• The Voter Outlook Index measures voter expectations for the country, the state, their community and their household. About 80% of Democrats said things would be better in all four areas, while 66% to 86% of Republicans said things would be worse in the country, state and their community. With regard to their own household, only 50% of Republicans said things would be worse in the years ahead.   
  • When asked what they thought was the most important issue the Legislature should focus on this session, 67% of Democrats cited something related to the pandemic, while only 36% of Republican did so. Partisans of both stripes named the economy second (34% of Democrats, 29% of Republican), but that was the only issue in which Republicans and Democrats were within shouting distance of each other.
  • Four specific legislative issues — banning police chokeholds, making it easier to decertify problem officers, requiring the reduction of carbon emissions and a cap-and-trade plan — each had strong support from Democrats (75% to 90%) and opposition from a majority of Republicans (91% in the case of cap and trade).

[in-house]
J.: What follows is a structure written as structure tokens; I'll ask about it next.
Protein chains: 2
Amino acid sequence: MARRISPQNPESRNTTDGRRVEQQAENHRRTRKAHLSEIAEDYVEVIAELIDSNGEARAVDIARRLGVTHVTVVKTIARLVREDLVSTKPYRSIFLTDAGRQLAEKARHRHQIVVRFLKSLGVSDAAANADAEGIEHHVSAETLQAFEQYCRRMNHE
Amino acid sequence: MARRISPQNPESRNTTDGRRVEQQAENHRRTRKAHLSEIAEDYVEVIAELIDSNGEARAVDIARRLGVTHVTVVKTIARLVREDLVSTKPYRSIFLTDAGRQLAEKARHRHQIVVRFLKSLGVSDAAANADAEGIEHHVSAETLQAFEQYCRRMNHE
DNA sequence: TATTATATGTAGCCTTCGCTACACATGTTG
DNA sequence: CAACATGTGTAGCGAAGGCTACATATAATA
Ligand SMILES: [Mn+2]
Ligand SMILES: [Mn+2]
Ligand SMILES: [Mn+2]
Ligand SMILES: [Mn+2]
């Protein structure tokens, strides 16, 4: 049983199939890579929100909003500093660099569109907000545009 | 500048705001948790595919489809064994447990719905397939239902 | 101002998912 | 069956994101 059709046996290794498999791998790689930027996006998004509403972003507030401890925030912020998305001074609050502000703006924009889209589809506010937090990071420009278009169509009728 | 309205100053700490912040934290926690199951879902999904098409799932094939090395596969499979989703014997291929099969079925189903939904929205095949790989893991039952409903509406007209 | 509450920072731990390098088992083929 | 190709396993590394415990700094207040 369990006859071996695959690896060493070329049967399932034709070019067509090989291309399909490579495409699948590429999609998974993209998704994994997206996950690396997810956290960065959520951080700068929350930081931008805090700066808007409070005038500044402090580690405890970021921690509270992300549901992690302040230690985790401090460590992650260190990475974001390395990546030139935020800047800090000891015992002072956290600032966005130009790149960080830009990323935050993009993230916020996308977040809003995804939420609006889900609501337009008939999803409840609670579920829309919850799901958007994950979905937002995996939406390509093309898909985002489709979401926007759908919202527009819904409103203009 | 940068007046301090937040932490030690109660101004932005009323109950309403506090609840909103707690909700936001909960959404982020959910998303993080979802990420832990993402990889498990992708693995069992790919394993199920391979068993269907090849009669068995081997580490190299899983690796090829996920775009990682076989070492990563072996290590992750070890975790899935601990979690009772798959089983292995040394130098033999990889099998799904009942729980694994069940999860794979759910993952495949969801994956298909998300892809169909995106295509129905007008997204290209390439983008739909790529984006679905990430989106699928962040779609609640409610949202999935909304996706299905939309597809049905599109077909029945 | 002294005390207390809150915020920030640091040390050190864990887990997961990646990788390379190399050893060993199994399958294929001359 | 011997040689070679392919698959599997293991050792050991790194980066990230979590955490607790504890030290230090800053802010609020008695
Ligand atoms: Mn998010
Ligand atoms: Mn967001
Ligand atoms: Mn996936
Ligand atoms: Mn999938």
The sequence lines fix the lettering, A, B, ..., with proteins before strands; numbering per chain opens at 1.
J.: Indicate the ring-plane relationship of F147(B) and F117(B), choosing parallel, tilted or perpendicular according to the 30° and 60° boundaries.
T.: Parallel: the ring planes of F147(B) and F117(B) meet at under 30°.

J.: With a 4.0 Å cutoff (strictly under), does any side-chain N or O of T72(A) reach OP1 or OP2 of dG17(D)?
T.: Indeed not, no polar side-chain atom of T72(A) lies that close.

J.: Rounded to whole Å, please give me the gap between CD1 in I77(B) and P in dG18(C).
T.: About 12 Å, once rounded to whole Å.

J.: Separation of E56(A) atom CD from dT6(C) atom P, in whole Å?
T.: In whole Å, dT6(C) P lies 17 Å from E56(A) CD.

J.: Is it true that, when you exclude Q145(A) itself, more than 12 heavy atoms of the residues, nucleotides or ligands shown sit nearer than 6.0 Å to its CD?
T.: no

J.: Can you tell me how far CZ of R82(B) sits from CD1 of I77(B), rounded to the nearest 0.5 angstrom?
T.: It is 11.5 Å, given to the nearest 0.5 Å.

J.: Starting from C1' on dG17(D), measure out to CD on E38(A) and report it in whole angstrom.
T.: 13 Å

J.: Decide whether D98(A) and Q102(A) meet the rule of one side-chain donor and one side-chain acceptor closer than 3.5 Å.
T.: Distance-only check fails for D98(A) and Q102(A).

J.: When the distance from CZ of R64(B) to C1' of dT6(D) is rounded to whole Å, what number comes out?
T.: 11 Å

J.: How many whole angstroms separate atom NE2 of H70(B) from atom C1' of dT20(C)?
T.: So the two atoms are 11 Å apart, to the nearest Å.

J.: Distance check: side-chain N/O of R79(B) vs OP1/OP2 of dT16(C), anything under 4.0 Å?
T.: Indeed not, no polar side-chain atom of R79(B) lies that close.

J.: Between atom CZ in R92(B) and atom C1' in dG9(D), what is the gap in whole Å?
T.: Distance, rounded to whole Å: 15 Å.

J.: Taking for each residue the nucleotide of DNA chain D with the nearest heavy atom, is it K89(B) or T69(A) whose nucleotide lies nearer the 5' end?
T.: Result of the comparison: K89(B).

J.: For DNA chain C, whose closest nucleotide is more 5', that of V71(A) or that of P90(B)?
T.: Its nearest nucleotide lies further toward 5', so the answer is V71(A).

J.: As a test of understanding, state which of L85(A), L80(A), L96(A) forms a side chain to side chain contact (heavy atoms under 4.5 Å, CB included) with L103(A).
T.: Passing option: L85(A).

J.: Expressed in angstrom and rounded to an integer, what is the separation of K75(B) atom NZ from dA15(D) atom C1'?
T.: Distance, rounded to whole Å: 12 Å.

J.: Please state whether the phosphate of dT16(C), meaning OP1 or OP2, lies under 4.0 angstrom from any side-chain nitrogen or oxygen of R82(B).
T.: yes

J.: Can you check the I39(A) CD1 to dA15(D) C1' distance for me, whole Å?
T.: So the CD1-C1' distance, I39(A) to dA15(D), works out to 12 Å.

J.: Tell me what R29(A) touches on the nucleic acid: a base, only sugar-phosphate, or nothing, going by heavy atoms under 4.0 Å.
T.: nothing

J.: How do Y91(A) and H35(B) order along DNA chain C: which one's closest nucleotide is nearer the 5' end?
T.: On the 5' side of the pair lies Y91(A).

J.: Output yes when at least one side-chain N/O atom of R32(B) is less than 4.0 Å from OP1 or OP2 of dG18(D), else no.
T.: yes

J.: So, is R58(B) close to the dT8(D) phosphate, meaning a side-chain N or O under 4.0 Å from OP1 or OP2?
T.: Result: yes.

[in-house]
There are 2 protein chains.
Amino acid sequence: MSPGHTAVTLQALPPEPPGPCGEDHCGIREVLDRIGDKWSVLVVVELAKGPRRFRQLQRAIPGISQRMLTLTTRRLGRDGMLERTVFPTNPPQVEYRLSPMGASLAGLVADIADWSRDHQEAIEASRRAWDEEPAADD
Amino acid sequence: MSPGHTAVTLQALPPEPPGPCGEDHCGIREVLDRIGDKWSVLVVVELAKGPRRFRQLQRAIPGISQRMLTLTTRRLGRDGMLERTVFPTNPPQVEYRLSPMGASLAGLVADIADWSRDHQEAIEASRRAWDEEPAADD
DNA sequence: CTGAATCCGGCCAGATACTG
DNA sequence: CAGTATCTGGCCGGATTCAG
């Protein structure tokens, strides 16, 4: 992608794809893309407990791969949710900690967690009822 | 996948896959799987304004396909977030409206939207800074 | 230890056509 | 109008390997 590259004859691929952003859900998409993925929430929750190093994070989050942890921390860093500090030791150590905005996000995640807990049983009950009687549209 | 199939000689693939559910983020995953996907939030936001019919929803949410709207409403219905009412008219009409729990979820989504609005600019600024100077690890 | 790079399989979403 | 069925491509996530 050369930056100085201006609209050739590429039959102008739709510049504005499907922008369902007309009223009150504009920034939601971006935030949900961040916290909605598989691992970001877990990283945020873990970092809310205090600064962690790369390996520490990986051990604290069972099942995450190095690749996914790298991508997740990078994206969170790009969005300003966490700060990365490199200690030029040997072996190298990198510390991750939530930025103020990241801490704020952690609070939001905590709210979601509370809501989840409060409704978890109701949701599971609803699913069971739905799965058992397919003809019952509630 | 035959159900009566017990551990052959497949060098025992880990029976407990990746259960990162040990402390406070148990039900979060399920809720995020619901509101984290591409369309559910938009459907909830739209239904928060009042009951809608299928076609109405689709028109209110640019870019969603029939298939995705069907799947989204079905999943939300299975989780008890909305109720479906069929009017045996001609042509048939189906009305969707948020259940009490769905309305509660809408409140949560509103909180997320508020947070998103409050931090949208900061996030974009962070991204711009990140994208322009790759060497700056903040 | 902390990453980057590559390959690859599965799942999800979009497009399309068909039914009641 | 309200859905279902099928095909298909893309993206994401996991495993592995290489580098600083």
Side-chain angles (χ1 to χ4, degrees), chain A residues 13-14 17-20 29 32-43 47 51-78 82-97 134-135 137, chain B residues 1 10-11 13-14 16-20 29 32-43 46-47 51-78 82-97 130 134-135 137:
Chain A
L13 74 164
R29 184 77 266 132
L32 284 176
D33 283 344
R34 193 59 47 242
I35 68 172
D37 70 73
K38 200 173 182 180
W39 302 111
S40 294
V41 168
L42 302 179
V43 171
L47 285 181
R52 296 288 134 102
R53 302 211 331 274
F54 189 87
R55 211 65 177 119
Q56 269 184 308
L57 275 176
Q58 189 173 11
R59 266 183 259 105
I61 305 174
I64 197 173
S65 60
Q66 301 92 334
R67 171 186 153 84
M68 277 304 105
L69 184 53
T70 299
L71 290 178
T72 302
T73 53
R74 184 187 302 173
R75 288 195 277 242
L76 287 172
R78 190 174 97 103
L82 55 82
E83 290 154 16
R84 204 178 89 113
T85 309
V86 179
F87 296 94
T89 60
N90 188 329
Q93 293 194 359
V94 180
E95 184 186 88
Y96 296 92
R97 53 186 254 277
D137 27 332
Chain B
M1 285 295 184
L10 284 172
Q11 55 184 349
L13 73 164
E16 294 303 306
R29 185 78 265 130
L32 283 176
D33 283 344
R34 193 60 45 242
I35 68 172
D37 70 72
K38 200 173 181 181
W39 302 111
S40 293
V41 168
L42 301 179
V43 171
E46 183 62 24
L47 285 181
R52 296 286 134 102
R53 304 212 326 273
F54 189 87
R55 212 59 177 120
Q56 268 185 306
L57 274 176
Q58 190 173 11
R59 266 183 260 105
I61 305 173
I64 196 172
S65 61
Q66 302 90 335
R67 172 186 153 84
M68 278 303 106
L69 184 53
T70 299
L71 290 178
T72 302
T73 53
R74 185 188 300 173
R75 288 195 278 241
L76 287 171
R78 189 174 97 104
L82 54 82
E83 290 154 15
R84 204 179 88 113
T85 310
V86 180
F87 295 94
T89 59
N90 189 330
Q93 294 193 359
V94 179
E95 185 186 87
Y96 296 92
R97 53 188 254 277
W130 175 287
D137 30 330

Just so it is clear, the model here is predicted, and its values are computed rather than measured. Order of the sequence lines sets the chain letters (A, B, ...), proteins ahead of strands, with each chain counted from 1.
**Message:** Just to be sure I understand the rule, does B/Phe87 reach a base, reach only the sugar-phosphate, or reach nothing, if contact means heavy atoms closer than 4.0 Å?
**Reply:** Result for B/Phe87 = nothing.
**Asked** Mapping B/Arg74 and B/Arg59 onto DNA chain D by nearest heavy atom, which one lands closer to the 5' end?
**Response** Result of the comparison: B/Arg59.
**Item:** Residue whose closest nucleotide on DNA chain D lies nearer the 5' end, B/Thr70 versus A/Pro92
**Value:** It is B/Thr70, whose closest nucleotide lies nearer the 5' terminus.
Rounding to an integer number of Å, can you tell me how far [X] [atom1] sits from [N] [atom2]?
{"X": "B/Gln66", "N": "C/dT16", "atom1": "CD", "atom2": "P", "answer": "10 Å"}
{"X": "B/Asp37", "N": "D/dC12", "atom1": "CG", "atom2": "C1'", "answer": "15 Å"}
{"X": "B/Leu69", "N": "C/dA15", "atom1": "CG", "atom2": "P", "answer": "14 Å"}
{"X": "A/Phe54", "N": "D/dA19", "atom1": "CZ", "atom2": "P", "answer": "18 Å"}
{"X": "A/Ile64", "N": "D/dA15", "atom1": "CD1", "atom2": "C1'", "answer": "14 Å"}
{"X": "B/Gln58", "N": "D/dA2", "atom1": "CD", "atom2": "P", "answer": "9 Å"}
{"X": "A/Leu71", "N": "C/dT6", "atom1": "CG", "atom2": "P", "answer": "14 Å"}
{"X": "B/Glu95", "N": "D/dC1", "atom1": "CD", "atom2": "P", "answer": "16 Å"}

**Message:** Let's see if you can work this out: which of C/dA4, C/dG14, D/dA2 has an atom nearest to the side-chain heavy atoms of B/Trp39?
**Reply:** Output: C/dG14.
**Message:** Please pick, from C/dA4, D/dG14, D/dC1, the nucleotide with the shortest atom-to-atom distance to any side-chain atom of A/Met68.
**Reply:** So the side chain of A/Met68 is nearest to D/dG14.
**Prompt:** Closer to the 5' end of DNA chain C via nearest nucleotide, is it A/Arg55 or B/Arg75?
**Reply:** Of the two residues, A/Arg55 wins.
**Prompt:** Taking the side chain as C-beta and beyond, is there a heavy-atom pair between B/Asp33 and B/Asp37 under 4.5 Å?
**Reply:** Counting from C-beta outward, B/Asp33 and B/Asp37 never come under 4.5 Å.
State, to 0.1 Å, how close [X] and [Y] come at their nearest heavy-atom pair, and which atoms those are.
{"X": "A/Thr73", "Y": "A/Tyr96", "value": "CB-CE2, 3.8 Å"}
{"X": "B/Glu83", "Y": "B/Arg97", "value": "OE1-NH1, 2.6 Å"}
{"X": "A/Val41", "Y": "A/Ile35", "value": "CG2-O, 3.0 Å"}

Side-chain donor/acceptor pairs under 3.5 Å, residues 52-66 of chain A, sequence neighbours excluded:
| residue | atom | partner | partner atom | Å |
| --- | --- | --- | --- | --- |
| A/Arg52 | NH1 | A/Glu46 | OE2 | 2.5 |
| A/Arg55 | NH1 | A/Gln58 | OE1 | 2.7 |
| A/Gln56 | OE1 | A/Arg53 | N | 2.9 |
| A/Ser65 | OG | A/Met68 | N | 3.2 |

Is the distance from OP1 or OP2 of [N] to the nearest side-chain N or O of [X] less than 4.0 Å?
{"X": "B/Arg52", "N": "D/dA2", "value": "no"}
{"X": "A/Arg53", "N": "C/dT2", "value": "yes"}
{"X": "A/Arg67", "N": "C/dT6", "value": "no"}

• Three tax proposals — capital gains, large salary payroll and health premium — were each supported by at least 60% of Democrats and opposed by at about 80% or more of Republicans.
  • 94% of Republicans said it is time to open up the economy, while 78% of Democrats said we should keep the pandemic restrictions in place “until the scientists say it is safe.”

The differences were not just about  policy, but personal behavior as well. With regard to the pandemic …